I believe we can become profitable with the current business structure in consideration of exchange rate trends and popularization of our platforms in the future. We should of course cut unnecessary costs and pursue efficient business operations. I also know that some employers publicize their restructuring plan to improve their financial performance by letting a number of their employees go, but at Nintendo, employees make valuable contributions in their respective fields, so I believe that laying off a group of employees will not help to strengthen Nintendo's business in the long run.
UPDATE (6/6/2014): Sadly, just one day after we published this article, Nintendo announced that they'd laid off 130 people and shut down one of their offices in Germany.
Some companies might handle these layoffs well, but for many game developers, the process of getting laid off is totally degrading.
In 2007, at a studio in London, employees were summoned to the cantina and told that layoffs were coming, and that they could expect to hear within a week who would be affected, according to a person who was there. When they all got back to their desks, they found that the company had installed software in every computer that would tell the IT department when anyone attached an external USB drive, that ex-employee said.
"I guess [the studio] was worried that people would take the code and assets and release them on the internet," said the employee. "In reality that meant that people couldn't use assets for their portfolio (which is otherwise pretty common practice when changing jobs)."
And then there's the case of the telltale phones. A few years ago, when former game publisher THQ was facing financial difficulties following the flop of their uDraw tablets, the publisher started downsizing at their various studios across the world. At one of those studios, according to a person who worked there, then-THQ boss Danny Bilson flew out and called everyone into a meeting. THQ was doing layoffs, Bilson announced, and employees who were axed would receive an email letting them know.
Immediately, phones started buzzing throughout the room.
"Anyone who had their smart phone hooked up to company email knew instantly that they'd been let go," said a former THQ employee. "It got ugly pretty quick."
I've heard way too many stories full of these brutal details. Sometimes people are physically escorted from the building, as they were during various layoffs at LucasArts during the mid-2000s, according to a person who worked there. Once, at the failed publisher Midway, some employees were brought into a conference room and told "Those of you in here are not fired," a former employee told me.
All of these game studios have one other thing in common: Immediately after a round of layoffs, everyone goes out drinking. Often they start at their desks.
Several of the developers who contacted me for this story said they were fed up with layoff cycles and had left the video game industry entirely. Some told tales of endless relocations and unreasonable hours, and bragged that in their new fields, they were paid more to work less.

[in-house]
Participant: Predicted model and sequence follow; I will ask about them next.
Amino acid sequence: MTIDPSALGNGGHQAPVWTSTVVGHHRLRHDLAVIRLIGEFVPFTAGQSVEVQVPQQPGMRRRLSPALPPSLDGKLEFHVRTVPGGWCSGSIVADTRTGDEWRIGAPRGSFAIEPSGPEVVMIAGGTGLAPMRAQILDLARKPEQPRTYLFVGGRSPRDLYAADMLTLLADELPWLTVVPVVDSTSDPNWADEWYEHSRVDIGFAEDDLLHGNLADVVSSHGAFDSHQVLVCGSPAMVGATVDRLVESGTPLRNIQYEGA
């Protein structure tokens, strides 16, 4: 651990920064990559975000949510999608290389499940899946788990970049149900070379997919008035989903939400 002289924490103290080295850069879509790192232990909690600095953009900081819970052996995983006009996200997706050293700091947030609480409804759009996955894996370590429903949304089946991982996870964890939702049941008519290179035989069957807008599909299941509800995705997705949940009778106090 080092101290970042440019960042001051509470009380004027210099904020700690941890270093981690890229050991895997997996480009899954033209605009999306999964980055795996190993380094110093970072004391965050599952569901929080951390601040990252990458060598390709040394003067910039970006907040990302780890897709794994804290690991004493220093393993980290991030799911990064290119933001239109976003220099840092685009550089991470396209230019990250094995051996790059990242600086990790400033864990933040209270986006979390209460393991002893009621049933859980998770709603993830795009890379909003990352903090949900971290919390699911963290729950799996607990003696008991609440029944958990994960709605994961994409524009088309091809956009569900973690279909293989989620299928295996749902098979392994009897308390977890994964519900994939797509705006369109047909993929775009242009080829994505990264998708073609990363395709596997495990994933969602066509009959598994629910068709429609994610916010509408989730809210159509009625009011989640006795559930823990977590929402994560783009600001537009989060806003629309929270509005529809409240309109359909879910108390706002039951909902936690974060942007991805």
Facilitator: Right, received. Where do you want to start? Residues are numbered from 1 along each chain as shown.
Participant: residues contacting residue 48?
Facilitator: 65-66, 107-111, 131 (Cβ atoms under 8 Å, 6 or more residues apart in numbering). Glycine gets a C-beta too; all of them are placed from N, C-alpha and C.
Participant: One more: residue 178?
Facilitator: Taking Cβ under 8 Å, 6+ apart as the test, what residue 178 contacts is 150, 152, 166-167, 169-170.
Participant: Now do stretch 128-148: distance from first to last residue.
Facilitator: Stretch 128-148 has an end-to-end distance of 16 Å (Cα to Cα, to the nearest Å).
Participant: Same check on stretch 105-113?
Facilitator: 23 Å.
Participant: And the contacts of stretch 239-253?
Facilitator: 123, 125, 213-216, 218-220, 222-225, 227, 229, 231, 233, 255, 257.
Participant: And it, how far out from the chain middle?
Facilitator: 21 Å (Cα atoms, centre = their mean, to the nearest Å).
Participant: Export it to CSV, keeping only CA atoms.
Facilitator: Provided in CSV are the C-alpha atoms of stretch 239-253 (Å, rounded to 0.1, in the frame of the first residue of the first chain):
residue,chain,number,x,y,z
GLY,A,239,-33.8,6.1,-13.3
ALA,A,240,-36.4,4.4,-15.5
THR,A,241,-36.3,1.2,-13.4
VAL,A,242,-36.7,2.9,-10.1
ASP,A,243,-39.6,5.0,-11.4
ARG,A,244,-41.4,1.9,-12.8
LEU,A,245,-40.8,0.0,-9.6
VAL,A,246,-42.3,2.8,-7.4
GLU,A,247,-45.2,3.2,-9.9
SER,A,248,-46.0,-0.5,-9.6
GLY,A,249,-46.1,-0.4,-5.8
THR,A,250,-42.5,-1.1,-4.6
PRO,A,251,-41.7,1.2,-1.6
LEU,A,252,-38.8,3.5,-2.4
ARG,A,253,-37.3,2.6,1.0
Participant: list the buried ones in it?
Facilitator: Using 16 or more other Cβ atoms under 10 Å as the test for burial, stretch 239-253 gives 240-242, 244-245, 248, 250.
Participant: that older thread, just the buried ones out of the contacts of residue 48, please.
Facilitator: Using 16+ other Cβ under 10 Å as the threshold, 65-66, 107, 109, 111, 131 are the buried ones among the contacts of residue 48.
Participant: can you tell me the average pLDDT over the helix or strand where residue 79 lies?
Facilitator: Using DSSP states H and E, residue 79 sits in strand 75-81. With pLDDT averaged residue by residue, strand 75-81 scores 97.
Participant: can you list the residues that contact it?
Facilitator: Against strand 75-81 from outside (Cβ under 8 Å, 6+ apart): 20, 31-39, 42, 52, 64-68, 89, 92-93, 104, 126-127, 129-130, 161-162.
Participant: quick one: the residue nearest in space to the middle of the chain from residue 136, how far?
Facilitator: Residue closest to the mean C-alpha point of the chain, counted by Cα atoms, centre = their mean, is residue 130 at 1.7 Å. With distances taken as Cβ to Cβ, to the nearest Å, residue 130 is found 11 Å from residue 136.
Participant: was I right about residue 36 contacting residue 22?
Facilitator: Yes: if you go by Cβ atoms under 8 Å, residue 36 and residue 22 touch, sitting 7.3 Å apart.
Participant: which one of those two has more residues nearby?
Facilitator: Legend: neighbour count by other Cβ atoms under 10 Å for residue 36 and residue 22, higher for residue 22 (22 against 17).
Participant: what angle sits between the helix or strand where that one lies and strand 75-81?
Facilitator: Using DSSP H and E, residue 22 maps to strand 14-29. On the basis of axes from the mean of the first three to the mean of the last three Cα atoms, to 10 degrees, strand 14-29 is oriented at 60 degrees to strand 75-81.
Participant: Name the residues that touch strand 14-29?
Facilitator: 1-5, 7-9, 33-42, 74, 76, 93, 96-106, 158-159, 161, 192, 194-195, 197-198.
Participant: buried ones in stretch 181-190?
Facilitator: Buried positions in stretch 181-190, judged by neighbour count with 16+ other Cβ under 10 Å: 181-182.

Many industry people agree on one thing: these regular layoffs are ultimately harmful to the designers, artists, programmers, musicians, testers, writers, and every other person who has some hand in making video games. Few people want to be forced into looking for new employment every year or two, and though there are no easy stats about burnout rates in the video game industry, many observers believe that talented developers are leaving in droves.
"It's not fair for developers and their families to continue uprooting their lives over and over again, and it's not good for the companies to be paying a game budget's worth of severance and re-hiring fees every year," said GameJobWatch's Holden Link. "It's not emotionally or financially sustainable for anybody."
But inertia is hard to fight. How do you convince a multi-billion-dollar industry to change practices that prioritize short-term profit over long-term morale?
Not everyone has a solution for the layoff problem, though some have suggested that game developers embrace unions, or the contract-only system for talent that's common in the film world. And it is a problem—at least if you're interested in big-budget console and PC games with high production values like Call of Duty and Deus Ex. If these layoff cycles continue happening, talented people will leave the world of video games for more stable careers, and though we might not notice the effects of this right away, many of the developers I've spoken to over the past few months and years believe that something's going to give.
Now how much can developer burnout really affect gamers and the games they play? Logic suggests that happier, more stable developers would make better games, though quality is subjective and impossible to measure. Nobody likes seeing their favorite game studios shut down, and from a moral perspective, it'd be nice to know that the games we play are created by satisfied people who are treated well. Ultimately, as developers continue to burn out and leave big-budget gaming, we'll keep seeing smaller, more creative projects, which for many video game fans is a good thing.
We'll be sharing more gaming layoff stories in the days and weeks to come. If you've got a story to share, reach out. All contact will be kept anonymous.